Exhumation Laws

by MSO

The word "exhume" comes from the medieval Latin word "exhumre". The "ex" means "ex" and "humre" means to inter.

While some cultures deem the exhumation of a body sacrilegious, there are rare instances when bodies are needed to be disinterred. Whether the disinterment is because of a court order requiring forensic examinations; change from burial to cremation as mode of disposal; or transferring to a newly acquired family plot, it’s not an easy task.

Whatever the reason for a body to be exhumed, unlike television shows such as CSI, Forensic Files, Criminal Minds and the like, the process is often lengthy, requiring the strict adherence to legal procedures.

In order to disinter a body, a license to exhume must first be obtained. If the person is buried in Consecrated grounds, permission from the church must also be acquired, including permission from the owner of the grave or the owner of the cemetery. If the body is to be repatriated abroad, a cadaver certificate is required as well as the exhumation licence.

Prior to the exhumation, it is mandatory that an Environmental Health Officer is present in order to supervise and ensure the proper respect for the dead is maintained and that public health is protected.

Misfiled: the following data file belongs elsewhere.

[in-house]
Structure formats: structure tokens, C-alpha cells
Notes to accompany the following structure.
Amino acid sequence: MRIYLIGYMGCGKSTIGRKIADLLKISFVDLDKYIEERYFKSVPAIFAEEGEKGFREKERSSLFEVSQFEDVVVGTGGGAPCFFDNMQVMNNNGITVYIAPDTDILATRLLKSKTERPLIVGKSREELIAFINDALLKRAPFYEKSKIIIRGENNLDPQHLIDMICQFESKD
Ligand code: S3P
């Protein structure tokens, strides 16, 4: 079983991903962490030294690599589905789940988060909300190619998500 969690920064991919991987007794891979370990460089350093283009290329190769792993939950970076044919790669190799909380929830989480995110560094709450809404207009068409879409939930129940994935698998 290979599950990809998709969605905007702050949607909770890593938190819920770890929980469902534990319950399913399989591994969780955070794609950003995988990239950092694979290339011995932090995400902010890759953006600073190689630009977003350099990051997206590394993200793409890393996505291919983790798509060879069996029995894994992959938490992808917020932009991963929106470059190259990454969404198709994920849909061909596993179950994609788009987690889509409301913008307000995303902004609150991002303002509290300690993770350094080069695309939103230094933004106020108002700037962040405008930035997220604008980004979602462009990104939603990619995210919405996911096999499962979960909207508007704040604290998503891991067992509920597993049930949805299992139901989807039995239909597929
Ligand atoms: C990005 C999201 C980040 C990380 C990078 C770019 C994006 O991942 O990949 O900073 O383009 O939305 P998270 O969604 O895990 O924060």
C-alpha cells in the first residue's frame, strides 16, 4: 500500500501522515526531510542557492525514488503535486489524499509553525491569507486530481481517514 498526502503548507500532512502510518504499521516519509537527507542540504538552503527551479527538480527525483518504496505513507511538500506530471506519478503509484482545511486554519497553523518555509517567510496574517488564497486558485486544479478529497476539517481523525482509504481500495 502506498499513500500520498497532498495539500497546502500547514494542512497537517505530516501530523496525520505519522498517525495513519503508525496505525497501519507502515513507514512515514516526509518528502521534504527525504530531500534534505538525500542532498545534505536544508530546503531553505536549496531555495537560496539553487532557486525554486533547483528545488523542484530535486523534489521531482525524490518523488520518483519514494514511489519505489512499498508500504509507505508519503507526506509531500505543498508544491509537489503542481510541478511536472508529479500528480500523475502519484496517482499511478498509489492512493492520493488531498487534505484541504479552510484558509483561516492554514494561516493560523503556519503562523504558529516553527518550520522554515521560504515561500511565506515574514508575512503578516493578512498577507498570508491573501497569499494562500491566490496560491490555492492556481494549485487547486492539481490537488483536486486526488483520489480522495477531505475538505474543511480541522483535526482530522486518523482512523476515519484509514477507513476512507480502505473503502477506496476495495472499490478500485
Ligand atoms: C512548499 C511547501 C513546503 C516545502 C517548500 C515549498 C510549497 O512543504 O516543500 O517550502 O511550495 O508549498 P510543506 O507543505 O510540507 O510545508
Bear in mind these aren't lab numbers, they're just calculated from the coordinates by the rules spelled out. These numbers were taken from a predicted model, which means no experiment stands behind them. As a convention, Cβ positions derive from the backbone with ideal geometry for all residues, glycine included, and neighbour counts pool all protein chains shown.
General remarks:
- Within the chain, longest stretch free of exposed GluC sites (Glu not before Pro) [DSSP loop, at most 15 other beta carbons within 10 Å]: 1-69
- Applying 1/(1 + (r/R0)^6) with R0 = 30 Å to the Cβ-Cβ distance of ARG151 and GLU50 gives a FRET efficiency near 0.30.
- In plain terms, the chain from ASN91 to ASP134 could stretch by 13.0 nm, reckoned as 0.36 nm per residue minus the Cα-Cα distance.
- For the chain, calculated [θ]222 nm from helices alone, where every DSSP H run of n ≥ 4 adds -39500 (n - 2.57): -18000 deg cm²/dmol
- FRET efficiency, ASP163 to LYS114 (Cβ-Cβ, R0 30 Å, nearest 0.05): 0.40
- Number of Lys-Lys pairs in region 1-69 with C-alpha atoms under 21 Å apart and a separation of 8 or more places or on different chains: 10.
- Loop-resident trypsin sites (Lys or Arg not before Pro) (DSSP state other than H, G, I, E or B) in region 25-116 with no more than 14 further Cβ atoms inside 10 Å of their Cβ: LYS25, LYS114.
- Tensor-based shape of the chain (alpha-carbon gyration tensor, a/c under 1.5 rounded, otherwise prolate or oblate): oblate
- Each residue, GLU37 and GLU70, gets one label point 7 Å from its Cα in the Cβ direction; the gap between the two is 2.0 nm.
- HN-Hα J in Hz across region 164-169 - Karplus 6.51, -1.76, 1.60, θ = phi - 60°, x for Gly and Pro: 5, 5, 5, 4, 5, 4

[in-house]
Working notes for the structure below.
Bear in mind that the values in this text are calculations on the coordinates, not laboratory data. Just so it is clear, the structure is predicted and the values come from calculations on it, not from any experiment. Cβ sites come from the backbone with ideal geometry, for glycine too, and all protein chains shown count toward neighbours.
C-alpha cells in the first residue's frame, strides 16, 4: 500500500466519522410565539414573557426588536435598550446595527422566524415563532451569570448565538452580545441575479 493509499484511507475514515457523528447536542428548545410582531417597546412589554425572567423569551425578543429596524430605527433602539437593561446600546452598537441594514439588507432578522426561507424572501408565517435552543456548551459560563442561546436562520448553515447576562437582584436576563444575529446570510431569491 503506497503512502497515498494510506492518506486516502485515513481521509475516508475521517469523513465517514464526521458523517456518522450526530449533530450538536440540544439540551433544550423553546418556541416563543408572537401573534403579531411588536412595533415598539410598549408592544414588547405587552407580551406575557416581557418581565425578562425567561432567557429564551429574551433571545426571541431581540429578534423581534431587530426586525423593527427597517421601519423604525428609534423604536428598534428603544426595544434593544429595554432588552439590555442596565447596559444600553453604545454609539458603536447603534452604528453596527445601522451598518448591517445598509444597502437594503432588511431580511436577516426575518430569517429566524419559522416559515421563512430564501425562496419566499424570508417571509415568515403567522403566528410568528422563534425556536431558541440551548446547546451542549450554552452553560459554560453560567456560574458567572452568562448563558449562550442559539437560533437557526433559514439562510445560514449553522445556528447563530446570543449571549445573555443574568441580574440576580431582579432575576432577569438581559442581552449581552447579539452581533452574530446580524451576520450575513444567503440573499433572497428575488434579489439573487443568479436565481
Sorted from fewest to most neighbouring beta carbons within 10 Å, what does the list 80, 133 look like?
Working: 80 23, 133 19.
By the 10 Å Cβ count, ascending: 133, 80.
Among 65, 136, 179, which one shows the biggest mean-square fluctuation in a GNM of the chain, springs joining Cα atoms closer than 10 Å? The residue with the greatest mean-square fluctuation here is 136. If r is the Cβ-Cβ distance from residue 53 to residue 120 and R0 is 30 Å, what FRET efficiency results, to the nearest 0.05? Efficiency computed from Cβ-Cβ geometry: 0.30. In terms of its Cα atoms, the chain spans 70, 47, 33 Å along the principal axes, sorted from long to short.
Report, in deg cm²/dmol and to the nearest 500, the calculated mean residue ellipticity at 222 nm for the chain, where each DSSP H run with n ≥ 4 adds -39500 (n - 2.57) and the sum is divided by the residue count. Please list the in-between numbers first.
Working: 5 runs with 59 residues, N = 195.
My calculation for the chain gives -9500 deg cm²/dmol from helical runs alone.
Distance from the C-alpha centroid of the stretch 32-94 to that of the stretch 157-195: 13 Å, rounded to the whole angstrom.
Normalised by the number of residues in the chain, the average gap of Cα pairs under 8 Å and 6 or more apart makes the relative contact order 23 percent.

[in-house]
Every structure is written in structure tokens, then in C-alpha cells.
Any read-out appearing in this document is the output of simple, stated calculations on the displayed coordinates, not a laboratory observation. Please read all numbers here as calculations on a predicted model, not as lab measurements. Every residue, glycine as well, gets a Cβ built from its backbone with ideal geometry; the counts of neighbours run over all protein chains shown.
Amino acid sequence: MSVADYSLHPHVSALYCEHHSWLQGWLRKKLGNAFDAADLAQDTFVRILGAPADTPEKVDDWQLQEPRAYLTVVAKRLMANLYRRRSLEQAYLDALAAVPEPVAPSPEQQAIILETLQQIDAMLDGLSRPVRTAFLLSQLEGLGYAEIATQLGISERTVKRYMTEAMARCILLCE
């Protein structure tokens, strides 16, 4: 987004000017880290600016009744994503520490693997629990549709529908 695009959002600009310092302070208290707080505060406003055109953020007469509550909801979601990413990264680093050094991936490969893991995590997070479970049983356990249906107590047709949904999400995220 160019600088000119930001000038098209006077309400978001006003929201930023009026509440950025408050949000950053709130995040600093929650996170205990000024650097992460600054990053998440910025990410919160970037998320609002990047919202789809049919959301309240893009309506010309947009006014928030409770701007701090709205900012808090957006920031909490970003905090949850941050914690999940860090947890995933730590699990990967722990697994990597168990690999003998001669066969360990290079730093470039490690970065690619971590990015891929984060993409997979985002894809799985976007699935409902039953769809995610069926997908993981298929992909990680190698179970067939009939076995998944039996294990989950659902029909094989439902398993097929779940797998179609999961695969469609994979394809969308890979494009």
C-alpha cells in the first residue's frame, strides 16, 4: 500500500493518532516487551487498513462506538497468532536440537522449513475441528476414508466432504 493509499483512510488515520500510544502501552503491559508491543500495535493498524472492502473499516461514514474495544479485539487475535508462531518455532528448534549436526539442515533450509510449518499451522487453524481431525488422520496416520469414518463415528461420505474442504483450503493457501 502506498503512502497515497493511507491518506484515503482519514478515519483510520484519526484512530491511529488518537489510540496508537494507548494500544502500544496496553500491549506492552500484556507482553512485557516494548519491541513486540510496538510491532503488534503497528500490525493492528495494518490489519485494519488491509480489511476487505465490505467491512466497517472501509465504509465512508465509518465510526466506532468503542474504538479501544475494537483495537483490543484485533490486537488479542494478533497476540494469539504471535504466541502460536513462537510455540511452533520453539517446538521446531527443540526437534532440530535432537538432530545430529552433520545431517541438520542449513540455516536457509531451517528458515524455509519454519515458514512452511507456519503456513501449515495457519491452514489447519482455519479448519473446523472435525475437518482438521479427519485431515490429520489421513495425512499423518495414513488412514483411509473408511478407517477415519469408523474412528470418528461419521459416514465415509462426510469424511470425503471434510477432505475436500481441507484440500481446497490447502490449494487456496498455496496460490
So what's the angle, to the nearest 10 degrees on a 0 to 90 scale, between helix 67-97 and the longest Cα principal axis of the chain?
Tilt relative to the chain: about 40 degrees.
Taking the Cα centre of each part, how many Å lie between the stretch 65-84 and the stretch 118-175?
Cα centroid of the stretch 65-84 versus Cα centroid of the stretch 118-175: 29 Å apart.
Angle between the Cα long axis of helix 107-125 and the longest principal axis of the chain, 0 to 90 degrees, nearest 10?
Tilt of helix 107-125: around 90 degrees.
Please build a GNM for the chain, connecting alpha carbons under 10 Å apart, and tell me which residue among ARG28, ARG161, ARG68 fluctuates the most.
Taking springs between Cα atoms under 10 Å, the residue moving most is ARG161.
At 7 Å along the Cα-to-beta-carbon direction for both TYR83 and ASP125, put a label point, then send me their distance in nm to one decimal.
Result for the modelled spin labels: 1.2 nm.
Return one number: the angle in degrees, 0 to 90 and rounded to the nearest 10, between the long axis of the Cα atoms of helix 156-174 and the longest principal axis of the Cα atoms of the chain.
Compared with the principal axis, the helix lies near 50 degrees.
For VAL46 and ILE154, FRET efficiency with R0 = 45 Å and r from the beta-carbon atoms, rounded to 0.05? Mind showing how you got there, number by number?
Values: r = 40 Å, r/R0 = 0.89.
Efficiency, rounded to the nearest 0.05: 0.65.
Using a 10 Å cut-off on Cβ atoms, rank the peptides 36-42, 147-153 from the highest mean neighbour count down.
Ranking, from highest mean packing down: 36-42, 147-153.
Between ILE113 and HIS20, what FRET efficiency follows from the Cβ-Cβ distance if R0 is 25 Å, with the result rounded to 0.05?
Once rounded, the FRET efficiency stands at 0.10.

As exhumation is underway, cemetery staff will ensure the following:

  • The correct grave is opened;
  • The exhumation commences as early as possible to ensure maximum privacy;
  • Health and safety is maintained for all workers, ensuring protective clothing and necessary equipment are used;
  • All parties present show due respect to the deceased person and to adjoining graves;
  • The new casket is approved by the Environmental Health Officer;
  • All human remains and all pieces there within the casket are placed within a new casket;
  • The new casket is properly sealed;
  • The area of exhumation is properly disinfected;
  • Satisfactory arrangements are in place for the transmission of the remains.

Read more:

Ontario Cemeteries Act (Revised) | canadalegal.com

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